Premiere: The Raw & Vulnerable Power of wetter’s “Truth Song”

wetter USA © Kaytee Callahan

To many, the truth is as much an ugly monster as it is a beautiful angel. We hold our truths dear and sacred, keeping them close to the chest – picking and choosing when we share them, and with whom they are shared. Sometimes, that comes out of our own struggle to comprehend the truth; but more often than not, we’re shielding others from our truths, and in doing so, shielding them from ourselves. wetter capture our eternal struggle with vulnerability in “Truth Song,” a raw and intimate indie rock song full of reflection and tension.

the camera takes a picture
the painter makes me laugh
the singer turns a memory into a funny mask
I am a book, I am a book
I am written
the author I feel as though I know her very well
Read me, read me
touch me, touch me
love me, love me
lose me, lose me
Listen: “truth song” – wetter


Atwood Magazine is proud to be premiering “Truth Song,” the lead single off wetter’s upcoming EP Late Bloomer (out July 15, 2018 via Forged Artifacts). The Minneapolis-based indie rock band of Melissa Jones, Rose von Muchow, Joe Lunabur, and Jordan Bleau, wetter combine the pop spark of indie rock bands like alvvays with the raw DIY crunch of Atwood favorites Alyeska and The Vaughns. Nowhere is this better experienced than on “truth song,” an unconventional conversational track that finds Melissa Jones singing straight to us, her words flowing out with the grace and candor of a vivid diary entry.

truth song - wetter usa

Late Bloomer – wetter

My love, my love like the moon
unsure of where the light comes from

Originally released independently in 2016, “truth song” resonates as deeply today as it did 1.5 years ago. Jones’ uniquely evocative singing makes for a stirring performance; she wields her voice like an emotional weapon, trembling and shaking with the weight of not fully knowing how to deal with her own deep, personal truths.

She recounts a story of intimacy that forever leaves a mark on her – it’s the sort of story that might be easier to say in song than through words alone:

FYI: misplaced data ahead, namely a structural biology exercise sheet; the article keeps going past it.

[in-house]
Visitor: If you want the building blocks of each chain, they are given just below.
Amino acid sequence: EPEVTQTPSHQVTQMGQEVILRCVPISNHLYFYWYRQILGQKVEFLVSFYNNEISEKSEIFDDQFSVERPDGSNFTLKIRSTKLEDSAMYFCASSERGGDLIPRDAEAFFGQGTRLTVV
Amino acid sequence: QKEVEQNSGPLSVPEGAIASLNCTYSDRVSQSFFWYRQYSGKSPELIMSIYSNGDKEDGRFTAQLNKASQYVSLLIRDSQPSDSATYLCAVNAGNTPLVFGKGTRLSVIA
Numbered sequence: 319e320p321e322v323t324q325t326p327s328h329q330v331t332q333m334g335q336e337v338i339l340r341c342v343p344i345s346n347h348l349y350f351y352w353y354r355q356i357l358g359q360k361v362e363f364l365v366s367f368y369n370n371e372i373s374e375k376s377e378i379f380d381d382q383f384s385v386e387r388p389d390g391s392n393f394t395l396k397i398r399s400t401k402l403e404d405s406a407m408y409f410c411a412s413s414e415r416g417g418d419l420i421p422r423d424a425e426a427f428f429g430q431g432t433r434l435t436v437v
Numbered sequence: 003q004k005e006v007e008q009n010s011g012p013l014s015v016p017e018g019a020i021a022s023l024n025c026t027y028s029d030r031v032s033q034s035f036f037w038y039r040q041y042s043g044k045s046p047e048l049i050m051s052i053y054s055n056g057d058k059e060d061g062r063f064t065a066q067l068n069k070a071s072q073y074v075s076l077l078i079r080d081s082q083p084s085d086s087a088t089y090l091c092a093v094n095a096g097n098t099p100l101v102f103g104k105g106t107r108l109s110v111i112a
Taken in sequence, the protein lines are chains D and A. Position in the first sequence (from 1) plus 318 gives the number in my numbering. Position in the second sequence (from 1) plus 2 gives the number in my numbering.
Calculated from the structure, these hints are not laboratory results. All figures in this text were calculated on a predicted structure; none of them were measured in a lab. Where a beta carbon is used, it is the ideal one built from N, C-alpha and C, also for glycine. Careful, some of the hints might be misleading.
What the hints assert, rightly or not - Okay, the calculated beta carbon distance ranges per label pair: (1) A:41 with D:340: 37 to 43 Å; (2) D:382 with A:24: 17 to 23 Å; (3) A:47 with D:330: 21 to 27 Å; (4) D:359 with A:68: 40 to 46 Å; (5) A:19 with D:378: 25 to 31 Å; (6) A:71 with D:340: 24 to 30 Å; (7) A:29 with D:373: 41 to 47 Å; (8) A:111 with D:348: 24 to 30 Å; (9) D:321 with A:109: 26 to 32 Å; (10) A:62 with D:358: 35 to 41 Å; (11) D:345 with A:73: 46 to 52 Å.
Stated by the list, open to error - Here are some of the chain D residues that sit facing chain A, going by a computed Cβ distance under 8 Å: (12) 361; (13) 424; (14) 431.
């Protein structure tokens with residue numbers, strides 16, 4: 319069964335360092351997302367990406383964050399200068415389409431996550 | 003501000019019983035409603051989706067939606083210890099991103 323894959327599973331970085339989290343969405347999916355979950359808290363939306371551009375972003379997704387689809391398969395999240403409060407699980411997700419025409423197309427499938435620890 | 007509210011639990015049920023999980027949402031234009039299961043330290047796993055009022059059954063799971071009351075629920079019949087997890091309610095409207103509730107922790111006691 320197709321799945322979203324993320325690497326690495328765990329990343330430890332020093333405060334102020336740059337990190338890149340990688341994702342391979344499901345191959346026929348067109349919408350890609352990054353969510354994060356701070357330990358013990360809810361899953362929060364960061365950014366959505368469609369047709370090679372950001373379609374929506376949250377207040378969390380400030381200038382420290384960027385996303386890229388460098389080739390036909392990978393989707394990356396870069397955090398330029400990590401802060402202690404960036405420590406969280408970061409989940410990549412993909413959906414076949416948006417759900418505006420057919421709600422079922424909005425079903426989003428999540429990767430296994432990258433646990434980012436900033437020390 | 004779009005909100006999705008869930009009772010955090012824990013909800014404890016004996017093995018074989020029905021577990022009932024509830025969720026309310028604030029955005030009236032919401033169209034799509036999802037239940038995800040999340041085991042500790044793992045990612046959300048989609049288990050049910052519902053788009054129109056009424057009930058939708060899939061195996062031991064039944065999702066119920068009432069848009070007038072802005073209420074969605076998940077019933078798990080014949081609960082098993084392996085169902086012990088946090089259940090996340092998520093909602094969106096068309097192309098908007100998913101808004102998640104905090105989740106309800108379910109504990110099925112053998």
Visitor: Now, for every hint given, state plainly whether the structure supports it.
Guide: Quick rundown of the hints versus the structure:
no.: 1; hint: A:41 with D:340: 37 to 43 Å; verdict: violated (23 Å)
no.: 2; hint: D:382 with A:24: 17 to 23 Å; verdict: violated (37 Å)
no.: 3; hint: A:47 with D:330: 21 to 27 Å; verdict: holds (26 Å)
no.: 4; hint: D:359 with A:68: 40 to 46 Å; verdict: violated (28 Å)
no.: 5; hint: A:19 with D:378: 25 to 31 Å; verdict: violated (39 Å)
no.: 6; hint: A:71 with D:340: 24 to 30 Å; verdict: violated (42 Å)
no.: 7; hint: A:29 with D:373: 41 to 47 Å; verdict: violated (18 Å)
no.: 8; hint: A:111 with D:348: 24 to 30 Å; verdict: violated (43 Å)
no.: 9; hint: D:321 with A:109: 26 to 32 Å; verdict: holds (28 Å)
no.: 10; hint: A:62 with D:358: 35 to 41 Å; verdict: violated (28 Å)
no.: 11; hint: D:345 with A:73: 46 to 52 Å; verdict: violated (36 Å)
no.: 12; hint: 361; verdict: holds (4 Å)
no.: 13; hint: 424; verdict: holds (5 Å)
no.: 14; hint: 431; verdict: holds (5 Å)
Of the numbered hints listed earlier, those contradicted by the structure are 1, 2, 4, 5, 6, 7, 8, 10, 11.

when I was 17 I had a friend
she knew me, she knew me then she kissed me
I’ve got a secret and I’ll keep it till I die
no man will know me
no storm can reach me
my love, my love like the moon
reflecting to become

“I wrote ‘Truth Song’ while on vacation with my family in the boundary waters of northern Minnesota,” Melissa Jones tells Atwood Magazine. “I was thinking a lot about the difficulties we face when communicating our wants and most nuanced truths with others. I try to do that with my songs, but I always wonder if there is a more honest way. Love and lust can be the most difficult places to tell ourselves and others the truth, and I think the most we can do is try.”

Truth Song - wetter

Truth Song – wetter

how can you try to tell the truth
when you can’t even name
what’s standing right in front of you

how can you try to tell the truth
when you can’t even name
what’s standing in between us

how can you try to tell the truth
when you can’t even name
the elephant in the room
How can you try???
I dont make promises that I can’t keep
I never said I could
I never said I’d try

“Truth Song” is a coming out of sorts, but in reality it is so much more than that alone. It’s a resonating moment of release, the climacting unraveling of our secrets – and with them, ourselves. wetter’s song is vague enough to speak to each and every one of us, cutting into our core and leaving us to ponder our own truths, whatever they may be.

And while Late Bloomer will sadly be the band’s only release before calling it quits at the end of the summer, we will surely be keeping a close eye on Melissa Jones and the rest of wetter in the coming months and years: Music this raw deserves to be shared and reshared, celebrated and heard.

Stream wetter’s “Truth Song” exclusively on Atwood Magazine, and dive deeper into the music with our exclusive interview with wetter’s Melissa Jones! wetter’s Late Bloomer EP is out July 15 via Forged Artifacts.

wetter USA © Kaytee Callahan

wetter © Kaytee Callahan

TRUTH SONG

Atwood Magazine: Melissa, your voice quivers and shakes as “Truth Song” gets underway. Can you speak about how you wield your voice as an emotional vessel in your music?

wetter: With the voice, emotions must be conveyed subtly, or else the part may come off as over-acted or insincere. I use wavering or straining only where it seems natural, but used right it can convey meaning beyond lyrics.